Sometimes there is nothing strategic about investments. They are pursued for branding reasons or because the sovereign fund sees its target as a trophy asset.
One observer claims that the attempt of QIA to buy the UK retailer J Sainsbury had no clear strategic rationale but was undertaken because "the fund’s advisers in London thought it was a great play". That the bid failed because QIA was unwilling to stump up an extra £500 million ($1.03 million) of equity and that the whole saga destroyed millions of pounds-worth of shareholder value provided the critics of sovereign funds with plenty of ammunition.
|The rise of sovereign wealth funds|
|Estimated size of the 10 biggest sovereign wealth funds|
|Country||Fund||Launch year||Size ($bln)||Growth rate (%) estimated p.a.|
|UAE||Abu Dhabi Investment Authority||1976||625||10|
|Norway||Government Pension Fund – Global||1990||360||28|
|Kuwait||Kuwait Investment Authority||1953||213||30|
|China||China Investment Corporation||2007||200||N/A|
|Qatar||Qatar Investment Authority||2005||60||N/A|
|US||Permanent Reserve Fund (Alaska)||1976||40.2||18|
|Sources: Standard Chartered, Oxford Analytica, Norges Bank|
The case for the QIA defence, however, would argue that the fund pulled out because the transaction no longer made economic sense. "The fact that QIA did not complete the deal could be viewed in some ways as a positive," says Cyrus Ardalan, vice-chairman at Barclays Capital in London. "One of the criticisms of sovereign wealth funds is that they don’t act commercially. But in this case QIA did. It could have paid the extra money but didn’t want to."
That, though, is unlikely to assuage the critics. In recent months, western politicians including German chancellor Angela Merkel, EU economic and monetary affairs commissioner Joaquin Almunia and US treasury official Clay Lowery, have all made statements warning of the dangers of sovereign wealth funds.
Their comments encompass a number of fears: strategic assets falling into foreign state hands, a realization that the world economic order is changing in favour of emerging markets, and, as far as the US is concerned, a worry that if sovereign funds diversify out of treasuries, its debt-fuelled economy will be put at risk.
Germany has even put forward a plan to create an investment fund aimed at protecting local companies from foreign sovereign predators. The fund would buy blocking minority stakes in companies deemed vulnerable to a foreign takeover. The problem for German officials is that they are not getting any support from local banks and insurance companies. Critics of the idea point out that many German companies themselves have direct investments overseas. More significantly, it would be foolish of the German government to bite the hand that might feed its companies.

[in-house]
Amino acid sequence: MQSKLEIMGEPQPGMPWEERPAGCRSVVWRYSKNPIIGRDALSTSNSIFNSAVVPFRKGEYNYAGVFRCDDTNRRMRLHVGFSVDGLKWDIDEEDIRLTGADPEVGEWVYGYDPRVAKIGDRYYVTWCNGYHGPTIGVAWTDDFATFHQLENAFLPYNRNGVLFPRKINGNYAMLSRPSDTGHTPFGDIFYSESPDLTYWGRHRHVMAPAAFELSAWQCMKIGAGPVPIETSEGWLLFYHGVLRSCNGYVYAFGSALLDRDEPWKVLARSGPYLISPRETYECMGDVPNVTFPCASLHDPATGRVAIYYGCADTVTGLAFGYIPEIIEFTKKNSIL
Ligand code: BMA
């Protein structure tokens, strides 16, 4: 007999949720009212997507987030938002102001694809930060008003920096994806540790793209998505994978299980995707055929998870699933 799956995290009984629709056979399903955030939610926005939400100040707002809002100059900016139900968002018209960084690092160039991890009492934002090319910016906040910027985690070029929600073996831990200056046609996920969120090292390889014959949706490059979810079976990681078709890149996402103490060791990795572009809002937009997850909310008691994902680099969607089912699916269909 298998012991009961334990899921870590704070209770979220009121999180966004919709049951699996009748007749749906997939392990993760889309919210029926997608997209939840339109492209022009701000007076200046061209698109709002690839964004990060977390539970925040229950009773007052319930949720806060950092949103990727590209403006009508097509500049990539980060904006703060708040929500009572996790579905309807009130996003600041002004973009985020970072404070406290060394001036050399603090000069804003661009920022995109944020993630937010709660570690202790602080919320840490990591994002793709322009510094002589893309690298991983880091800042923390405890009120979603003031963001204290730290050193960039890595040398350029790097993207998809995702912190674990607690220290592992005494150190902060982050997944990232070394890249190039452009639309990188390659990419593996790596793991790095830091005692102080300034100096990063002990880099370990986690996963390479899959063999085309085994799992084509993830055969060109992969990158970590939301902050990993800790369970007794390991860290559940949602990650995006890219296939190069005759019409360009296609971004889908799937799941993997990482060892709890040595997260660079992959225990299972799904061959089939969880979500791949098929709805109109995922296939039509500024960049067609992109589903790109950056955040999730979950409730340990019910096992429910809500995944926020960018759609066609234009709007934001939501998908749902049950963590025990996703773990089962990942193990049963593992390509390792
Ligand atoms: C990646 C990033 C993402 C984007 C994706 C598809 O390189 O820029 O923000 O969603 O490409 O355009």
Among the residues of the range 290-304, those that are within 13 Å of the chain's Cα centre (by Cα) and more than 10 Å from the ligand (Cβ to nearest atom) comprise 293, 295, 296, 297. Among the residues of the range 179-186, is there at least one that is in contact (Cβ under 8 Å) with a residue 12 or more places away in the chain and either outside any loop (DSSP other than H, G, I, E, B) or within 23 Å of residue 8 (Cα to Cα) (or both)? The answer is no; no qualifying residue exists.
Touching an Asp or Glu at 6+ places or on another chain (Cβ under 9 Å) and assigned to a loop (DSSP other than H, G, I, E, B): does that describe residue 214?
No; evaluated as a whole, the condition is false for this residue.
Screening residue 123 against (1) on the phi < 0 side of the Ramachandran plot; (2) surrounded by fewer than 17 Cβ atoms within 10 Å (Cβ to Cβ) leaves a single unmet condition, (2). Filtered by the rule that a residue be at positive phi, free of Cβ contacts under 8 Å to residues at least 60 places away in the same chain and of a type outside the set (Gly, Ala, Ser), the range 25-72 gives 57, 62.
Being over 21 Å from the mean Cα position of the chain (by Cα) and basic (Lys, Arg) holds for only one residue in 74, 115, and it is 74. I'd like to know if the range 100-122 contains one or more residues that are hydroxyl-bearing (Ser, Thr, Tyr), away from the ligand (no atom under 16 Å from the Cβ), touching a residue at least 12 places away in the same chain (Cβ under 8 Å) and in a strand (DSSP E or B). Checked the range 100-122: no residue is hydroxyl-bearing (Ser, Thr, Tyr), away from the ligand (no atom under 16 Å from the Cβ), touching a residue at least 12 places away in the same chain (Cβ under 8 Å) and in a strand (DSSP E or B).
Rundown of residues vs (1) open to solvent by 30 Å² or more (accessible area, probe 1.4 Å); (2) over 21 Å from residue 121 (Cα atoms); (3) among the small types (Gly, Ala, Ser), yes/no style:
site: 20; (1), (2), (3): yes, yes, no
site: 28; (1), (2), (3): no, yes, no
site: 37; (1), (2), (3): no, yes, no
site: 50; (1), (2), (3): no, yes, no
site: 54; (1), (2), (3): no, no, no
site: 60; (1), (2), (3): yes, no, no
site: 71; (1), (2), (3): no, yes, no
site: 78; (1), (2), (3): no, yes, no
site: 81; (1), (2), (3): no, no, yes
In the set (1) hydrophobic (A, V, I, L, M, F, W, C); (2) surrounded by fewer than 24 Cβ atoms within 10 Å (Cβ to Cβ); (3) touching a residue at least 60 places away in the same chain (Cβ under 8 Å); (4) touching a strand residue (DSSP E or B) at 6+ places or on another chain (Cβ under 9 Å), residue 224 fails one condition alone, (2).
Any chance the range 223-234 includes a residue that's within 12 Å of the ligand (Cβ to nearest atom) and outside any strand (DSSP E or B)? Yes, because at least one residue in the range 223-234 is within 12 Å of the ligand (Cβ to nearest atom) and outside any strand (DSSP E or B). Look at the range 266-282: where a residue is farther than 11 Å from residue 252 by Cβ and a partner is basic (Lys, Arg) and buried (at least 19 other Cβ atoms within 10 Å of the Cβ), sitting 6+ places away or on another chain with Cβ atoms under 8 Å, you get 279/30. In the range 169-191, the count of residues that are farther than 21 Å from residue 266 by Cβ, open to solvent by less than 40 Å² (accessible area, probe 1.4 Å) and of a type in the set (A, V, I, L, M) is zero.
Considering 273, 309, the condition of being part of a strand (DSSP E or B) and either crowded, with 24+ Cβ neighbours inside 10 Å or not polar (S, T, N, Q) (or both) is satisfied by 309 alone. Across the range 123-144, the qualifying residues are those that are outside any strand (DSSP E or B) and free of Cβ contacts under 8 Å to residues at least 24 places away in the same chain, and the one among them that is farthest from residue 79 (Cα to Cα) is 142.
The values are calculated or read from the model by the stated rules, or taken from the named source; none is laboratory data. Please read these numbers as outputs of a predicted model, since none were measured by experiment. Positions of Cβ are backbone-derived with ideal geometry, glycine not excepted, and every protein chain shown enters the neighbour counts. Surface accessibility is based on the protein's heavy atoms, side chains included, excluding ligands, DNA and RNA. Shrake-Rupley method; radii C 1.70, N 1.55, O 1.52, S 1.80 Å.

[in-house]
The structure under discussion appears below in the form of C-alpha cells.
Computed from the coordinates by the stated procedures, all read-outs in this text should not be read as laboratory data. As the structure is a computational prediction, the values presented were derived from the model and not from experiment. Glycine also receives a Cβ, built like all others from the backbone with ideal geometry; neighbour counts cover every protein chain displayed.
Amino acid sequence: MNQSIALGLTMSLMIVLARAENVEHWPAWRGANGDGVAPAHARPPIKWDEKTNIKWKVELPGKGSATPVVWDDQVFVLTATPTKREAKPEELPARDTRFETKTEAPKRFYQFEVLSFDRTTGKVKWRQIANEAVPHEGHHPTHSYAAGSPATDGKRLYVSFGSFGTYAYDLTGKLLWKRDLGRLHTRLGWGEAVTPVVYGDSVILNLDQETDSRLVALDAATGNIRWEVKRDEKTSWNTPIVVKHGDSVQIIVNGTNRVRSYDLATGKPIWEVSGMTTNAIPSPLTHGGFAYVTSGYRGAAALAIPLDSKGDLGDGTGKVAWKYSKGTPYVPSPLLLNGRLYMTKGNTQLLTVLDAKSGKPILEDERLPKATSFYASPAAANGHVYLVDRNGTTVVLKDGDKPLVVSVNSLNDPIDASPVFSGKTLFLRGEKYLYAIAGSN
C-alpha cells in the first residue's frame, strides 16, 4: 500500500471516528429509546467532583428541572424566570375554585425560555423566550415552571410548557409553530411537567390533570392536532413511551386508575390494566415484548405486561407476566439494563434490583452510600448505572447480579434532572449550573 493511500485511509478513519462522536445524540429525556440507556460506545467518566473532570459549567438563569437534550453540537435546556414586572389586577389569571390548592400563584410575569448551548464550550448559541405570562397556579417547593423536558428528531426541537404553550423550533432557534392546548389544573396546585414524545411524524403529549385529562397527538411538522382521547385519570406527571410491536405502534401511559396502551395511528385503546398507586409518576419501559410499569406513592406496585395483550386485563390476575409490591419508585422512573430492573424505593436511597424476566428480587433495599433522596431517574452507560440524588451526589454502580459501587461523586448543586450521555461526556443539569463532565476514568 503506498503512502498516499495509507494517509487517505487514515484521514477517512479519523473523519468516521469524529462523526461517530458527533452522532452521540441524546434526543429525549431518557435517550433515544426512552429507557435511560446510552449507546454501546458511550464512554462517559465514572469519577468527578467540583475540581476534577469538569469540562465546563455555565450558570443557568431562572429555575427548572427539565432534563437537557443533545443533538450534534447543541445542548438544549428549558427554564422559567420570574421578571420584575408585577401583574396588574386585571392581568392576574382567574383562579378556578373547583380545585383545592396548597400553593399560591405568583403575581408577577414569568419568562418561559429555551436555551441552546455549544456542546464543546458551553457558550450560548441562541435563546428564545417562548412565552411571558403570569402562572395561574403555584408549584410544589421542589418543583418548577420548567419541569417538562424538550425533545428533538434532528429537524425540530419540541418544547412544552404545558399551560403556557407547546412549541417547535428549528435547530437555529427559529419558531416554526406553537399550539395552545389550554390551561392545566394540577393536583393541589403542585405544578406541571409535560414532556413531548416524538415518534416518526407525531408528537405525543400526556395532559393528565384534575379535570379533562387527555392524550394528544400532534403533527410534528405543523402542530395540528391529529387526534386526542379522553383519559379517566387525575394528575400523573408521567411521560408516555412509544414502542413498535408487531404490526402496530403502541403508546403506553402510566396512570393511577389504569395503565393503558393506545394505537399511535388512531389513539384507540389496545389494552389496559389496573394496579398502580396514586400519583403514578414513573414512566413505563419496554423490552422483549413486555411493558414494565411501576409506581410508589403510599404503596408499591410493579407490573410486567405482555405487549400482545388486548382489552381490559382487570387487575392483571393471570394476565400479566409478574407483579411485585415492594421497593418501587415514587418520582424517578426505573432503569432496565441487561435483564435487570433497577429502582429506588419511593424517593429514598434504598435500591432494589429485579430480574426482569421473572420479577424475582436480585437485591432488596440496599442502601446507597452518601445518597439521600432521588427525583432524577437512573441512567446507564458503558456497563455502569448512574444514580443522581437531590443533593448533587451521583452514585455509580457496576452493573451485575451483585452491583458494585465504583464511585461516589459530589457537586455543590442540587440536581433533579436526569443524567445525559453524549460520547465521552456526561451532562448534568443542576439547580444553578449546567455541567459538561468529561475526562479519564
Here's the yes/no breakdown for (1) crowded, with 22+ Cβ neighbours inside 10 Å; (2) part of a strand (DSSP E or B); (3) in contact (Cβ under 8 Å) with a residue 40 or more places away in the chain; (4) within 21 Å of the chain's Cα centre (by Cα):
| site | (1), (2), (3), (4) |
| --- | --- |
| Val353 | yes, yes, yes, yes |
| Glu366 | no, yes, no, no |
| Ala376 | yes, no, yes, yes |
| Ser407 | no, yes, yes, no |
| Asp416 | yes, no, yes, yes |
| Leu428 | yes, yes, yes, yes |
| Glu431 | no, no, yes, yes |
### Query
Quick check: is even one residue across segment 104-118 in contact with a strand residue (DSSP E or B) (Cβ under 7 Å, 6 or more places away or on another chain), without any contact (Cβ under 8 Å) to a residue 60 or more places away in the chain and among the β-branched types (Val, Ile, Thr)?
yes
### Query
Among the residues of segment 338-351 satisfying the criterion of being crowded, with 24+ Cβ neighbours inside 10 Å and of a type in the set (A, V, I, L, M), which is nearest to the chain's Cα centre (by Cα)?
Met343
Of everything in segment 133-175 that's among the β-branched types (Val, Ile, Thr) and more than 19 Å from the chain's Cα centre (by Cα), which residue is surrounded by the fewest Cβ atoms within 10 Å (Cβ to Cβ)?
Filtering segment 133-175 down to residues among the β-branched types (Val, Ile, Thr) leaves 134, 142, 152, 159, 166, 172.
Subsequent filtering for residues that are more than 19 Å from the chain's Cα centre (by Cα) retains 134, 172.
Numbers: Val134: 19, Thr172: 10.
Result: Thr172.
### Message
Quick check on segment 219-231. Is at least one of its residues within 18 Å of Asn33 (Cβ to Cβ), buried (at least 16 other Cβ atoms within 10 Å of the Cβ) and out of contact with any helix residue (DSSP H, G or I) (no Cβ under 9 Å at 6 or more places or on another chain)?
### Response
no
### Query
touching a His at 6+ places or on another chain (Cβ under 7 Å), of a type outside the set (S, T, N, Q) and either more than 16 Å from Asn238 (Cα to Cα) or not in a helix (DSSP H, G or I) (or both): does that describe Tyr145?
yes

One banker says he has received visits from five German companies in recent months desperate to get introductions to sovereign wealth funds in the hope that they will take significant minority stakes.
These companies would rather have sovereign funds invest in them than private equity firms, says the banker, alluding to the fact that sovereign funds tend to be much more compliant investors (although of course sovereign funds adopt an activist stance if necessary, as Australia’s Future Fund is doing with Telstra). Moreover, at a time when private equity firms are limited in their capacity to take on deals, the best hope that many companies in need of large injections of capital have is sovereign funds.
And it’s not just in the M&A market that sovereign funds are making a difference. Their longer-term horizon and limited use of leverage means that they can also be a source of stability to the capital markets. "Sovereign wealth funds have a strong risk-bearing capacity and ability to accommodate short-term and medium-term volatility," says Norges Bank’s Kjær.
Morgan Stanley’s Jen adds: "Having such a different temperament from private funds, sovereign wealth funds should reduce the risk of herd behaviour."
These characteristics mean that sovereign wealth funds can enhance market liquidity and, consequently, market efficiency. "To the extent that sovereign wealth funds improve market liquidity, particularly in a way that is not herdish like other types of short-term capital flows, they should be a positive factor for markets in general," says Jen.
Perhaps if sovereign wealth funds were less secretive these characteristics would be more obvious. Equally, if senior western politicians were less confrontational they might come to realize that their economies need sovereign wealth funds. For one thing seems clear: these funds are the new rulers of finance.